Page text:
On Thursday, the beverage giant reported fourth-quarter earnings of $1.06 a share, in line with Wall Street forecasts. Total revenue fell 7% year over year to $18.6 billion, narrowly surpassing estimates for $18.5 billion. Excluding the impact of the stronger U.S. dollar, PepsiCo's revenue rose 4%. Gross profit margins surged 165 basis points, as PepsiCo benefited from lower costs for oil and several agricultural commodities, as well as roughly $1 billion in cost savings taken in 2015.
"Our portfolio has been strategically designed to weather the current macroeconomic challenges -- our results reflect the balance of our brand portfolio, geographic footprint, consistent marketplace execution and a relentless focus on productivity," said PepsiCo chairman and CEO Indra Nooyi in a statement.
The standout for the quarter was PepsiCo's Frito Lay North America division, where organic revenue and operating profits rose 3% and 6%, respectively. The snack segment's volume increased by 1%. Organic revenue excludes the impact of currency fluctuations, acquisitions and one-time items.
The North American beverage business saw organic volume rise 1%, cooling from 3% growth in the third quarter. Organic revenue for the segment gained 3%, with operating profits improving by a similar amount. PepsiCo pointed out that it was the segment's best profit performance in three years, helped by a combination of cheaper commodities, cost savings and pricing benefits from smaller can sizes.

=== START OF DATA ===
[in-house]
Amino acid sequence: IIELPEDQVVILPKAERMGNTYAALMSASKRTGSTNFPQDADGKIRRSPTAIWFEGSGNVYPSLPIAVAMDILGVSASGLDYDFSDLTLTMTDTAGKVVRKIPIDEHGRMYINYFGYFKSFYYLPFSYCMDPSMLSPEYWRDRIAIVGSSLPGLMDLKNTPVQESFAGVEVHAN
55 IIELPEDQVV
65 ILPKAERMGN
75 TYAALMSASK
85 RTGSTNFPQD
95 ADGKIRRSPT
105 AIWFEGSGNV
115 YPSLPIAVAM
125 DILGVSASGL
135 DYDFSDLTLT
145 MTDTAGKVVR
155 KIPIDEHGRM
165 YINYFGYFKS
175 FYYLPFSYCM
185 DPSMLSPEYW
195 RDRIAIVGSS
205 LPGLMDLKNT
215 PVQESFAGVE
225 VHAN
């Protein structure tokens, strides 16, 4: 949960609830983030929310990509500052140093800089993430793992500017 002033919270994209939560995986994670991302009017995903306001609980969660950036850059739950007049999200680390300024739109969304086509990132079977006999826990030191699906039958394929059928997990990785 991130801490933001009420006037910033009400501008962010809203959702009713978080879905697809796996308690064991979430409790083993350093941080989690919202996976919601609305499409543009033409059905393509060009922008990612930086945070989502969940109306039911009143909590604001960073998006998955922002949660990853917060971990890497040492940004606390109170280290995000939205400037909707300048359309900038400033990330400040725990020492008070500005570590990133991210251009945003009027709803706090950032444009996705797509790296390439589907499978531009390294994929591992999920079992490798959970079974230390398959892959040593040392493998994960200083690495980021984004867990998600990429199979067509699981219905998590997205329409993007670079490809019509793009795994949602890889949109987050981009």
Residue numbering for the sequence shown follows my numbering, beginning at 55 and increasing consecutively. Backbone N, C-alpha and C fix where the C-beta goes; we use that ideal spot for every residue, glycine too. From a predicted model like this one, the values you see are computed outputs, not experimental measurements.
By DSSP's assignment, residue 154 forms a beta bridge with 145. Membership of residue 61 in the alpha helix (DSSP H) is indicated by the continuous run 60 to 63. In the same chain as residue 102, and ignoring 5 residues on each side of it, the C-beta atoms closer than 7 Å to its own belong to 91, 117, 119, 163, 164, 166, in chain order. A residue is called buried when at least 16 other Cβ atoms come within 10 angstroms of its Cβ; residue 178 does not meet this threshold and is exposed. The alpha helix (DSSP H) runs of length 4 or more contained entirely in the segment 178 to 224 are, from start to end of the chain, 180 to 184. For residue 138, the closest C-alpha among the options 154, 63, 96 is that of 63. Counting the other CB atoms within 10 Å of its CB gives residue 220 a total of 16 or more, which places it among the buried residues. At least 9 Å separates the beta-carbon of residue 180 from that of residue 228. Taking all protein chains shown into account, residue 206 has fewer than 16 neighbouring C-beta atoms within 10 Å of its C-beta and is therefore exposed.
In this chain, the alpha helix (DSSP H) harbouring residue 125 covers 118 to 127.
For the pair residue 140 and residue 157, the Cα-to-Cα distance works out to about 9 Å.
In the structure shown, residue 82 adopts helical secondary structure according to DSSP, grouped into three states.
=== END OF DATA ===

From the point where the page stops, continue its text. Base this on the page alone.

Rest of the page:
PepsiCo's rival Coca-Cola (KO) managed to improve its volume performance in its U.S. beverage business in the fourth quarter. Coke's overall volume in its North American beverage segment increased 3%, driven by Coke Zero, Sprite, Fanta, juice, tea and packaged water. The company highlighted a decline in volume for Diet Coke. Still, Coke's beverage volume in North America only rose by 1% in the third quarter.
PepsiCo vice chairman and CFO Hugh Johnston said in an interview with TheStreet, "If we look narrowly at colas, the answer is yes" -- the company has lost a little market share. "But the strategy of the business is to manage the overall liquid refreshment beverage category, not just one sub-segment called colas," he said. "Obviously for our competitor, that is by far the biggest piece of their business, and they tend to spend a lot of time on that."
Organic revenue for PepsiCo's Quaker Foods North America division rose 1%, compared to 2% growth in the previous quarter. Organic volume fell 2% for the segment, while operating profits were unchanged.
Despite slowing growth globally, the company capped off a year in which organic revenue and earnings rose by 5% and 10%, respectively. In 2016, PepsiCo expects earnings of $4.66 a share, up about 1.9% year over year. Wall Street estimates PepsiCo will earn $4.76 a share this year.
The company anticipates cutting another $1 billion in costs as part of a plan to slash about $5 billion in total costs through 2019. Executives also decided to lift the dividend by 7.1%.
Johnston went onto hint at the potential for several new, important product releases in 2016.